As the leader of Breckland council, William Nunn, told me,

I would like to think that this debate will start to redress the balance, and that the positive progress made in the town will persuade the private sector and the media alike that Thetford has an exciting future, which will be delivered all the sooner if we work together, and if the Government openly support the projects being instigated by local agencies and interest groups.

Other opportunities for the future have been identified and are being examined, including the possibility of the Office of the Deputy Prime Minister giving Thetford growth point status, and the possibility of establishing a market town regeneration company; a feasibility study into that is under way. Can the Minister offer advice and encouragement on the future of those initiatives? What about the local area agreement, a key Government tool for engaging all agencies? The LAA highlights many of the issues facing Thetford, but does it bring any new money to deal with them?

In order to attract investment to the town through skilled employment and well paid jobs, Breckland council is working on the rural enterprise valley project, to which I referred. As Mark Stanton, the economic development and regeneration manager, told me:

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The project includes the construction of Thetford enterprise park, which will offer high-quality, purpose-built premises to the sector and its associated supply chain. However, two key issues are as yet unresolved, the first of which is funding.

Breckland council, the Crown estate, which owns some of the land, the Government office for the east of England, through objective 2 funding, and Norfolk county council have all made firm or provisional commitments to funding the project. I urge the East of England Development Agency to commit to the £1.5 million grant that would enable the project to get off the ground. I hope that the Minister will support me in that request. As long as the EEDA agreement remains outstanding, there is a risk for the council in starting work.

The project is hugely exciting, and will have a major and continuing economic impact on the district, county and region. It will support a high-growth sector, promote inward investment along the A11 corridor, and bring new, quality employment opportunities. I want the project to be at the heart of an area of investment and opportunity, known and promoted across the country as "Tech Anglia", where people will want to live and work because it offers a positive future for them and their families.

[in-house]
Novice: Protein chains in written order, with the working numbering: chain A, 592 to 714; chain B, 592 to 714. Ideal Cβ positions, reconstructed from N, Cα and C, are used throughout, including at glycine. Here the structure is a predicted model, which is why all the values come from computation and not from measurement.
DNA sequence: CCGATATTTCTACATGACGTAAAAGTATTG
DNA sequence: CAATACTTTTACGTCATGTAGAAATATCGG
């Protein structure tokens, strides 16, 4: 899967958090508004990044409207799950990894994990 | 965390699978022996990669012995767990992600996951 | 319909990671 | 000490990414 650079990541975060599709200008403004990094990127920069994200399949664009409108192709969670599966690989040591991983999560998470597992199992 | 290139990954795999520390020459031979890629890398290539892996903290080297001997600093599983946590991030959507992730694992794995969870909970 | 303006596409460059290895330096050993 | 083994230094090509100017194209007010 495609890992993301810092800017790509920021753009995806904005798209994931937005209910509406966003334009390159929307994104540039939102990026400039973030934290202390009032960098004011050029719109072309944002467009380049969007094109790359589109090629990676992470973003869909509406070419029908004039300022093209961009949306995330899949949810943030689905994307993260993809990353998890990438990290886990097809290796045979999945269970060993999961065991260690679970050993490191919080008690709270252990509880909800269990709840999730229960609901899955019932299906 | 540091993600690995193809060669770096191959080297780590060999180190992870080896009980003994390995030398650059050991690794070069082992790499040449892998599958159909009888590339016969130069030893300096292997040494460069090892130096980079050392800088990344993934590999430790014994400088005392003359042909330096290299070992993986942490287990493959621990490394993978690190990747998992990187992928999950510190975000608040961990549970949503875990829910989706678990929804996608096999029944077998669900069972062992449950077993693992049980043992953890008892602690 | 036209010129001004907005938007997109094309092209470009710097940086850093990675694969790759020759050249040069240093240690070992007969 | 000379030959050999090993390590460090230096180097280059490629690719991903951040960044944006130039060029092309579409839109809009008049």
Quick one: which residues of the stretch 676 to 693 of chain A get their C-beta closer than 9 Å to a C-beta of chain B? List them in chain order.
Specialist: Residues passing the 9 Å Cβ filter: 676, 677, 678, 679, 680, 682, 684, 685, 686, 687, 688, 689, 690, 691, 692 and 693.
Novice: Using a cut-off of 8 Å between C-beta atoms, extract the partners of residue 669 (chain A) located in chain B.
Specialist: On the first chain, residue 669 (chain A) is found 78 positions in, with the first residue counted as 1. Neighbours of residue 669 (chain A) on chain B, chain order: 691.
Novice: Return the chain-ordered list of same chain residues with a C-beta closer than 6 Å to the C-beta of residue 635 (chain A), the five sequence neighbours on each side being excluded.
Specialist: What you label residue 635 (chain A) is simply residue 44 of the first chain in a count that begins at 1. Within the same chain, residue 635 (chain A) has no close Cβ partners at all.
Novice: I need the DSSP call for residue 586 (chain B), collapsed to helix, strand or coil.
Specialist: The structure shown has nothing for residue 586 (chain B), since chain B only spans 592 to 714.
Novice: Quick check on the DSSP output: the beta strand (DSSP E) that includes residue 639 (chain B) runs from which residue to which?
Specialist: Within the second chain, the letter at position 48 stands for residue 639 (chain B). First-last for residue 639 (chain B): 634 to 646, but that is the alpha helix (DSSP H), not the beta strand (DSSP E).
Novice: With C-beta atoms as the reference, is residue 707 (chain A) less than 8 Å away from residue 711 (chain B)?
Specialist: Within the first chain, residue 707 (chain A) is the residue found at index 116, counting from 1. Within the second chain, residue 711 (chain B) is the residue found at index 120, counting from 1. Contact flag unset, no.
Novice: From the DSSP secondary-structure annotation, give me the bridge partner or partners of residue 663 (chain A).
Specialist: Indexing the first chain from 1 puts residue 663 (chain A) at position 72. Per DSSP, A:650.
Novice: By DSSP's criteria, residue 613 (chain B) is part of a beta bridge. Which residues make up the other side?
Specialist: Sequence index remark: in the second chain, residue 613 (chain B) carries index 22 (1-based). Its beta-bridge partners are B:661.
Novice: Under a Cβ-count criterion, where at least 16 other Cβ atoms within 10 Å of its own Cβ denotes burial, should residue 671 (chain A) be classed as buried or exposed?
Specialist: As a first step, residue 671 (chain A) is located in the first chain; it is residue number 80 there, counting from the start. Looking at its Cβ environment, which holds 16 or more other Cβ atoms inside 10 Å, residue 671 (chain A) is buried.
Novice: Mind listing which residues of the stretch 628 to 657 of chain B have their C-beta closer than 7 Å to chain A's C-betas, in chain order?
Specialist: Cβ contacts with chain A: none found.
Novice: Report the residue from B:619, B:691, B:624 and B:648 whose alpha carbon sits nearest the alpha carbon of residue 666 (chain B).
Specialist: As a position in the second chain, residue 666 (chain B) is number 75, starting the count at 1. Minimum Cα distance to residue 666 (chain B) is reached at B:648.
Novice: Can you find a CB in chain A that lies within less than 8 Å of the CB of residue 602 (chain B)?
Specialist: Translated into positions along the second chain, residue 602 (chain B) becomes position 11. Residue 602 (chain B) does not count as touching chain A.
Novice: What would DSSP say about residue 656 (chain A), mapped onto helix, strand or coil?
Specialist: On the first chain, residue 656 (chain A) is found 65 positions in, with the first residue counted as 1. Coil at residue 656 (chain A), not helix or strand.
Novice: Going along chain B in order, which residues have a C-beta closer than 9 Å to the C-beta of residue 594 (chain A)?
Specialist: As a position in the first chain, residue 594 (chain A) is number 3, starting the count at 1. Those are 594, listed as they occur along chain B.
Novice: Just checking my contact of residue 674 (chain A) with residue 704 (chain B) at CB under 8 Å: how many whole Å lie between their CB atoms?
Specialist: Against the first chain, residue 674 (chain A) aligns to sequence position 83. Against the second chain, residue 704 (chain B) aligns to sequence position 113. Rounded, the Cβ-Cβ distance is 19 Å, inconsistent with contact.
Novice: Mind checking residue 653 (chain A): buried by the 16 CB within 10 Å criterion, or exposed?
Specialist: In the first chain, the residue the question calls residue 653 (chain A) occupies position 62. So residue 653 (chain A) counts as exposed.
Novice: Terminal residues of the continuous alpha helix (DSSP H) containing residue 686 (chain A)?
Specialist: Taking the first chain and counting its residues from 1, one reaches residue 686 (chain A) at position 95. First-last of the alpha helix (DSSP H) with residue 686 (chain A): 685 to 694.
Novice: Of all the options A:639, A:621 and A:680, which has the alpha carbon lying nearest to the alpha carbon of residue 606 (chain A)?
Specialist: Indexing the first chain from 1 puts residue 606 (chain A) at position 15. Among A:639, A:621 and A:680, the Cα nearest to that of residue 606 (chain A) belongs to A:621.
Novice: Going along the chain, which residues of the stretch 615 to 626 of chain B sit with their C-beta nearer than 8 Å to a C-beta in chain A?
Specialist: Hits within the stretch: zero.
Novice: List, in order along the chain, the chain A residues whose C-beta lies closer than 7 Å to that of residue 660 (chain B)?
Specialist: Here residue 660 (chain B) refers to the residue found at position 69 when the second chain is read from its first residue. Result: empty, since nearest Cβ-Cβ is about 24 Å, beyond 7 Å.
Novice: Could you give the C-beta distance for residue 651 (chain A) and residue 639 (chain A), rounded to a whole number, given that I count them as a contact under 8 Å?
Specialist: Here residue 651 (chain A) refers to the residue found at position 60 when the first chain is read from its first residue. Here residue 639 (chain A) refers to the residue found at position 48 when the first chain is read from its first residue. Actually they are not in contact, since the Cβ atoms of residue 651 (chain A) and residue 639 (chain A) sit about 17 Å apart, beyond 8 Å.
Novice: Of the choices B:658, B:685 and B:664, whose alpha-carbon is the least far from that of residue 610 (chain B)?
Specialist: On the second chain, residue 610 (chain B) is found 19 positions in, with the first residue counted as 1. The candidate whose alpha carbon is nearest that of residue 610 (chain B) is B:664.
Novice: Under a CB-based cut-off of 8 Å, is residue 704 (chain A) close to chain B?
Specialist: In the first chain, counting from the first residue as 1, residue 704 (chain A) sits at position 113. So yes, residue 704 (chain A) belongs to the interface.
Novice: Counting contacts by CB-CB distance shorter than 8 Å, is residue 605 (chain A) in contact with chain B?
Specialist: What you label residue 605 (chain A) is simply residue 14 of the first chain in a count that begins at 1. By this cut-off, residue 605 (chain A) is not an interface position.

If we are to achieve that goal, we must address the outstanding matter of the local roads infrastructure, and in particular the A11, which is a vital link between Norfolk and the rest of the United Kingdom. There remains an 8 mile stretch of single carriageway between Fiveways Corner roundabout and Thetford which leaves Norfolk the only county, and Norwich the largest settlement, not connected to the national dual carriageway network. The need to dual that section is paramount. It must be completed as a matter of urgency. The business community, utterly frustrated by unfulfilled promises and ever growing delays on that stretch of road, has rolled in behind our local authorities. A compelling case has been submitted to the regional assembly. Will the Minister support that project, and will he join me in calling on the Secretary of State for Transport to approve it so that a timetable can be drawn up and work can start?

I have highlighted Thetford's history, the difficulties that the town faces, the opportunities that lie just around the corner, and the next steps towards making a real difference to Thetford and the surrounding area. I know that the Minister will take on board the fact that neighbourhood regeneration is a long haul, but does he    accept that neighbourhoods such as Thetford experiencing poverty and disadvantage deserve the best and consistent services, rather than piecemeal regeneration schemes? What can he offer the people of Thetford, and the agencies working so hard on their behalf, for the future? We want Government support for a secure and viable economic future. Where necessary, we want appropriate, timely funding, to ensure the success of the area.